Coca-Cola’s new television advert addressing the issue of obesity and calorie intake. The two-minute-long commercial will be shown on US television and tells viewers what the company is doing to combat obesity.
What a crock o’ shit.
Consider the aspartame they use in Coca Zero and Diet/Light. Consider the HFCS (High fructose corn syrup) they use in place of sugar in normal Coke.
Both these substances should be banned globally.
But they won’t be because too many politicians’ dollars are tied up with lobbying from the major corporations.
Aspartame Side Effects
There are over 92 different health side effects associated with aspartame consumption. It seems surreal, but true. How can one chemical create such chaos?
Aspartame dissolves into solution and can therefore travel throughout the body and deposit within any tissue. The body digests aspartame unlike saccharin, which does not break down within humans.
The multitude of aspartame side effects are indicative to your genetic individuality and physical weaknesses. It is important to put two and two together, nonetheless, and identify which side effects aspartame is creating within you.
Aspartame Side Effects
The components of aspartame can lead to a number of health problems, as you have read. Side effects can occur gradually, can be immediate, or can be acute reactions.
According to Lendon Smith, M.D. there is an enormous population suffering from side effects associated with aspartame, yet have no idea why drugs, supplements and herbs don’t relieve their symptoms. Then, there are users who don’t ‘appear’ to suffer immediate reactions at all. Even these individuals are susceptible to the long-term damage caused by excitatory amino acids, phenylalanine, methanol, and DKP.
Adverse reactions and side effects of aspartame include:
blindness in one or both eyes
decreased vision and/or other eye problems such as: blurring, bright flashes, squiggly lines, tunnel vision, decreased night vision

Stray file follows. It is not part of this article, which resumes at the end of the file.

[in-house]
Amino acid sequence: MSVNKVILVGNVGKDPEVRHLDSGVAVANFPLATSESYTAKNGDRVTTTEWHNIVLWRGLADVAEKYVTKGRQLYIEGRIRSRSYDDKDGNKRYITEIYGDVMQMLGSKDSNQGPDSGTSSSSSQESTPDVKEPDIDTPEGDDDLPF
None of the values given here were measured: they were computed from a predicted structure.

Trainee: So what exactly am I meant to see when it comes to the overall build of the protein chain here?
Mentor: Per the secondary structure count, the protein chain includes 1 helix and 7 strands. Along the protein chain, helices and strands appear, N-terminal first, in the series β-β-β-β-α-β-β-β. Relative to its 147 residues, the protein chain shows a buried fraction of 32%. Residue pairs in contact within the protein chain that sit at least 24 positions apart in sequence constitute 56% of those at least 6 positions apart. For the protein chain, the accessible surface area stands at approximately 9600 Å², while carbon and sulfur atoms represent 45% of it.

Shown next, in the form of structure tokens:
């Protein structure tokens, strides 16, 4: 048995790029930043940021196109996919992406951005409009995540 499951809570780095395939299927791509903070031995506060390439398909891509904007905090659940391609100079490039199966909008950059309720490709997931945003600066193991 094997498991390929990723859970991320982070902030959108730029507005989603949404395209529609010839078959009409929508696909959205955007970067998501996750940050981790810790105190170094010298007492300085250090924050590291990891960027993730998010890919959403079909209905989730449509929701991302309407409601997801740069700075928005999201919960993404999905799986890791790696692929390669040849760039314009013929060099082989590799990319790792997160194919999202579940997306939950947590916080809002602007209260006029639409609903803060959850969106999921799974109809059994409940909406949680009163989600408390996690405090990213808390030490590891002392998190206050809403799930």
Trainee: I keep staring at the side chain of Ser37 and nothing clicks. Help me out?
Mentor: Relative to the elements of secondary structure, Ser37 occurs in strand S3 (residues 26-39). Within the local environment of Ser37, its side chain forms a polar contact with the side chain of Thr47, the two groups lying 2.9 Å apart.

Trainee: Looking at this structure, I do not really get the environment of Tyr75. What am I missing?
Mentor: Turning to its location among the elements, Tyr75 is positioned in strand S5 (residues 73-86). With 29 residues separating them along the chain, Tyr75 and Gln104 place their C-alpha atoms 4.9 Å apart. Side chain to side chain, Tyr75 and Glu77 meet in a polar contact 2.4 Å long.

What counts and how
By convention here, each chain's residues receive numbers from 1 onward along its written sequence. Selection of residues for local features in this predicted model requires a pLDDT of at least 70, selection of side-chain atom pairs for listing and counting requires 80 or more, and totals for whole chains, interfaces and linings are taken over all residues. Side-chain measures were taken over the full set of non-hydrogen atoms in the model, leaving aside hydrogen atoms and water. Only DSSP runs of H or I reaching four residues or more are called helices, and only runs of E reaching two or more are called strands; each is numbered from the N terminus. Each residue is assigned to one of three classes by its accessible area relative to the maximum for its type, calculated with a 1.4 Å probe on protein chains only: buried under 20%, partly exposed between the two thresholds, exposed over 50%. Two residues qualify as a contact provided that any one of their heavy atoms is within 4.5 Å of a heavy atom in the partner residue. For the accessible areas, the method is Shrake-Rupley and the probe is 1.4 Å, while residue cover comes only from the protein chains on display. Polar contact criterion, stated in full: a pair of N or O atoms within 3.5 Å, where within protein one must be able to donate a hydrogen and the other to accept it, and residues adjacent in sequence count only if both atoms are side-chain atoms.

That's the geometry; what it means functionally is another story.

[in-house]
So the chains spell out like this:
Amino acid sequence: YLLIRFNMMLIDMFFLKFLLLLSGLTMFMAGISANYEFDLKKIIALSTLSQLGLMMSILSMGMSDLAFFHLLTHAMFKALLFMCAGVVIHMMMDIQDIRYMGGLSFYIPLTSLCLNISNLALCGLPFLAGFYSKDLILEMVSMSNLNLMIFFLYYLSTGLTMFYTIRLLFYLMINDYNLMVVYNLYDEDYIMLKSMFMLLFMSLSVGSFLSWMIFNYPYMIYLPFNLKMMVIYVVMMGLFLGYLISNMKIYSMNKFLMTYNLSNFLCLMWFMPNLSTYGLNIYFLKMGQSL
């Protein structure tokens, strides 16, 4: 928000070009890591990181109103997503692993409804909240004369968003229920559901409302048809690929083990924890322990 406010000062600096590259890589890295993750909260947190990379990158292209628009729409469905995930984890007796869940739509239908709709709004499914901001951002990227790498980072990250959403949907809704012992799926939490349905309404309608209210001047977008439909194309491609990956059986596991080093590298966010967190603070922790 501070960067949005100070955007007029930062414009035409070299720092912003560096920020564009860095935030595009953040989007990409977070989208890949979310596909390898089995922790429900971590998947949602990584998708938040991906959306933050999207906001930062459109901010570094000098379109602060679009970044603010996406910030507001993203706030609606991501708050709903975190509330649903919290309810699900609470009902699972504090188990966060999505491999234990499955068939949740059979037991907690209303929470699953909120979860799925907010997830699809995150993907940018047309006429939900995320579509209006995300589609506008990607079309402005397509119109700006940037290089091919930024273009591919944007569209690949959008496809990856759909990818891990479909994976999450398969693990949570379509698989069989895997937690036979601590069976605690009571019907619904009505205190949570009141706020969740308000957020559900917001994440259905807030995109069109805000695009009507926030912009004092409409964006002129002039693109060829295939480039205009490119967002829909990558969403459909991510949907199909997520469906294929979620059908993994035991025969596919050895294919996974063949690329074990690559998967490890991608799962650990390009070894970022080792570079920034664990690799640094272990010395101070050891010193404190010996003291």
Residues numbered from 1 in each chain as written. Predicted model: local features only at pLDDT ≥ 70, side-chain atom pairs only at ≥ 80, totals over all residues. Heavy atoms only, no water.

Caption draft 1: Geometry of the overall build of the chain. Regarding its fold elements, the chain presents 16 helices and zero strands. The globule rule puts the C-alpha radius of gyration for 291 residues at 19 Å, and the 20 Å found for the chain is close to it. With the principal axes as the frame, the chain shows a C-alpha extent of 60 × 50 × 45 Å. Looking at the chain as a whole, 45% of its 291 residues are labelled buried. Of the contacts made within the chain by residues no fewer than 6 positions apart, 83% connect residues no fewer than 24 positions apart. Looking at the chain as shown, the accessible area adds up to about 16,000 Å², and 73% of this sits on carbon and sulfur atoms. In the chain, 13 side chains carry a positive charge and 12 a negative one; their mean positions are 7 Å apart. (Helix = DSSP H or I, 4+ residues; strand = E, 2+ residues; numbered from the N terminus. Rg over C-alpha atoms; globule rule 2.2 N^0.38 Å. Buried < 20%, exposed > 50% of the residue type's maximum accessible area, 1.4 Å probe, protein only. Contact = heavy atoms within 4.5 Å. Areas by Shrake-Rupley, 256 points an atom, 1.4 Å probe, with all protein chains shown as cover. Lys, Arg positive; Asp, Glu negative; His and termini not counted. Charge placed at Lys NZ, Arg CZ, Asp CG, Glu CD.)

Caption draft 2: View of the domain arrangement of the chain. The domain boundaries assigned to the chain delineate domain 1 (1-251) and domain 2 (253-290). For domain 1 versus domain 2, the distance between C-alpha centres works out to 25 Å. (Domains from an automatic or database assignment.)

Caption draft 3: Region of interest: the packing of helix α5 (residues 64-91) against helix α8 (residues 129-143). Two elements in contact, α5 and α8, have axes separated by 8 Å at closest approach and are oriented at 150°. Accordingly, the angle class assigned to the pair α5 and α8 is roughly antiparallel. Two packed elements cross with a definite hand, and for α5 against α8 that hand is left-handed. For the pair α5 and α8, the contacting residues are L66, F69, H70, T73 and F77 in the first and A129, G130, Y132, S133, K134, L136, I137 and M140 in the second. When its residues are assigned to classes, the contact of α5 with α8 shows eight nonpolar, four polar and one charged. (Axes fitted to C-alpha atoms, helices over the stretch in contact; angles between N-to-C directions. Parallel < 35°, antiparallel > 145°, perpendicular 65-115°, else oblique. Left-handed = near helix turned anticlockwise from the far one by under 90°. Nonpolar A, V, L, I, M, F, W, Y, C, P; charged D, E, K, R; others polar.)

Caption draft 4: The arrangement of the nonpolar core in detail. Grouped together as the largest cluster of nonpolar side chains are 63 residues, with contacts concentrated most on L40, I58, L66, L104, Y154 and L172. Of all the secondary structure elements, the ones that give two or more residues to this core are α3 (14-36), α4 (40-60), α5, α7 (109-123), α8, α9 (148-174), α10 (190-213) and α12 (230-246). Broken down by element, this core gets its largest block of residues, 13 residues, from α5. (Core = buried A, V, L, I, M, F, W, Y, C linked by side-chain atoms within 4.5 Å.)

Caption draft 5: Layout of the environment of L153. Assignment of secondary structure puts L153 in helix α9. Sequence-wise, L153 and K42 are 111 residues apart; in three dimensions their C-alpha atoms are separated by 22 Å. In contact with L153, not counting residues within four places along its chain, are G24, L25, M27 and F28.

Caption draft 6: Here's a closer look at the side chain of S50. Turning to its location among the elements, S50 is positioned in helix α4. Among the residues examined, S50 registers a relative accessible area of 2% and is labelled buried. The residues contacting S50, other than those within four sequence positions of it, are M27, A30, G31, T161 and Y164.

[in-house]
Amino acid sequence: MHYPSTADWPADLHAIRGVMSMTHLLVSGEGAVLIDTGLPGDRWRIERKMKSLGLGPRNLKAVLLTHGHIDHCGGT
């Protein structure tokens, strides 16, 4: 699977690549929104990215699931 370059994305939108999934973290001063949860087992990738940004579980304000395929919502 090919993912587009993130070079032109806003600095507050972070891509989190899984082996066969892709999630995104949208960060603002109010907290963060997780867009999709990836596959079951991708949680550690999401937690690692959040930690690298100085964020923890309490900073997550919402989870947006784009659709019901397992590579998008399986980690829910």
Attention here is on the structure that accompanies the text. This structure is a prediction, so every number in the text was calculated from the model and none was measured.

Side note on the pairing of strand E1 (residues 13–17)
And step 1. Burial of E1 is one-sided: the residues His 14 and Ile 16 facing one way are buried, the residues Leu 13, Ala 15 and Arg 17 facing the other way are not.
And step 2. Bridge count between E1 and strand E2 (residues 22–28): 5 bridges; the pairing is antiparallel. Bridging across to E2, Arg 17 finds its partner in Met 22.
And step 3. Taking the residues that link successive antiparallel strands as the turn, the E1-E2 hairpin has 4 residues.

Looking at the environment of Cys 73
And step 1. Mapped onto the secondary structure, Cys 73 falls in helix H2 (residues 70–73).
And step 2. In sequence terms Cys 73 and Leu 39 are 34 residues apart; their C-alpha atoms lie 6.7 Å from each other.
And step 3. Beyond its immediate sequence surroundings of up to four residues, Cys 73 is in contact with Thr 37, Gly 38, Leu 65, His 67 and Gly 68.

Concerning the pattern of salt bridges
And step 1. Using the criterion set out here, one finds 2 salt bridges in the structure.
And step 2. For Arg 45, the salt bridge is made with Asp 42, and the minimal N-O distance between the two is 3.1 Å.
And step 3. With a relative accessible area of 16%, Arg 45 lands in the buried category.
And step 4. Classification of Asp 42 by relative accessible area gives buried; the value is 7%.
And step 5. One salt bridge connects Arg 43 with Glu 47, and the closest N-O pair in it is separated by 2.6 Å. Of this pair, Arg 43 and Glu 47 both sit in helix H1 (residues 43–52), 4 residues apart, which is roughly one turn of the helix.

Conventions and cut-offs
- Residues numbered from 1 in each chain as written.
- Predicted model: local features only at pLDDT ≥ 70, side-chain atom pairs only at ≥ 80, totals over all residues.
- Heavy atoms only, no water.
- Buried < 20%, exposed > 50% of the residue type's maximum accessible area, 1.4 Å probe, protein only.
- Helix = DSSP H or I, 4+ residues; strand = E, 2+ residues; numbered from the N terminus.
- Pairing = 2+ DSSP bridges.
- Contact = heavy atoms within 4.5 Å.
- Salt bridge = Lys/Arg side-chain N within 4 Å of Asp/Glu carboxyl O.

pain in one or both eyes
trouble with contact lenses
tinnitus – ringing or buzzing sound
severe intolerance of noise
marked hearing impairment
headaches, migraines and (some severe)
dizziness, unsteadiness, both
confusion, memory loss, both
severe drowsiness and sleepiness
paresthesia or numbness of the limbs
severe slurring of speech
severe hyperactivity and restless legs
atypical facial pain
shortness of breath
recent high blood pressure
diarrhea, sometimes with blood in stools
pain when swallowing
Skin and Allergies
itching without a rash
lip and mouth reactions
aggravated respiratory allergies such as asthma
Endocrine and Metabolic
loss of control of diabetes
marked thinning or loss of hair
marked weight loss
gradual weight gain
aggravated low blood sugar (hypoglycemia)
frequency of voiding and burning during urination
excessive thirst, fluid retention, leg swelling, and bloating
increased susceptibility to infection
Additional Symptoms of Aspartame Toxicity include the most critical symptoms of all
irreversible brain damage
birth defects, including mental retardation
aspartame addiction and increased craving for sweets
hyperactivity in children
Aspartame may trigger, mimic, or cause the following illnesses: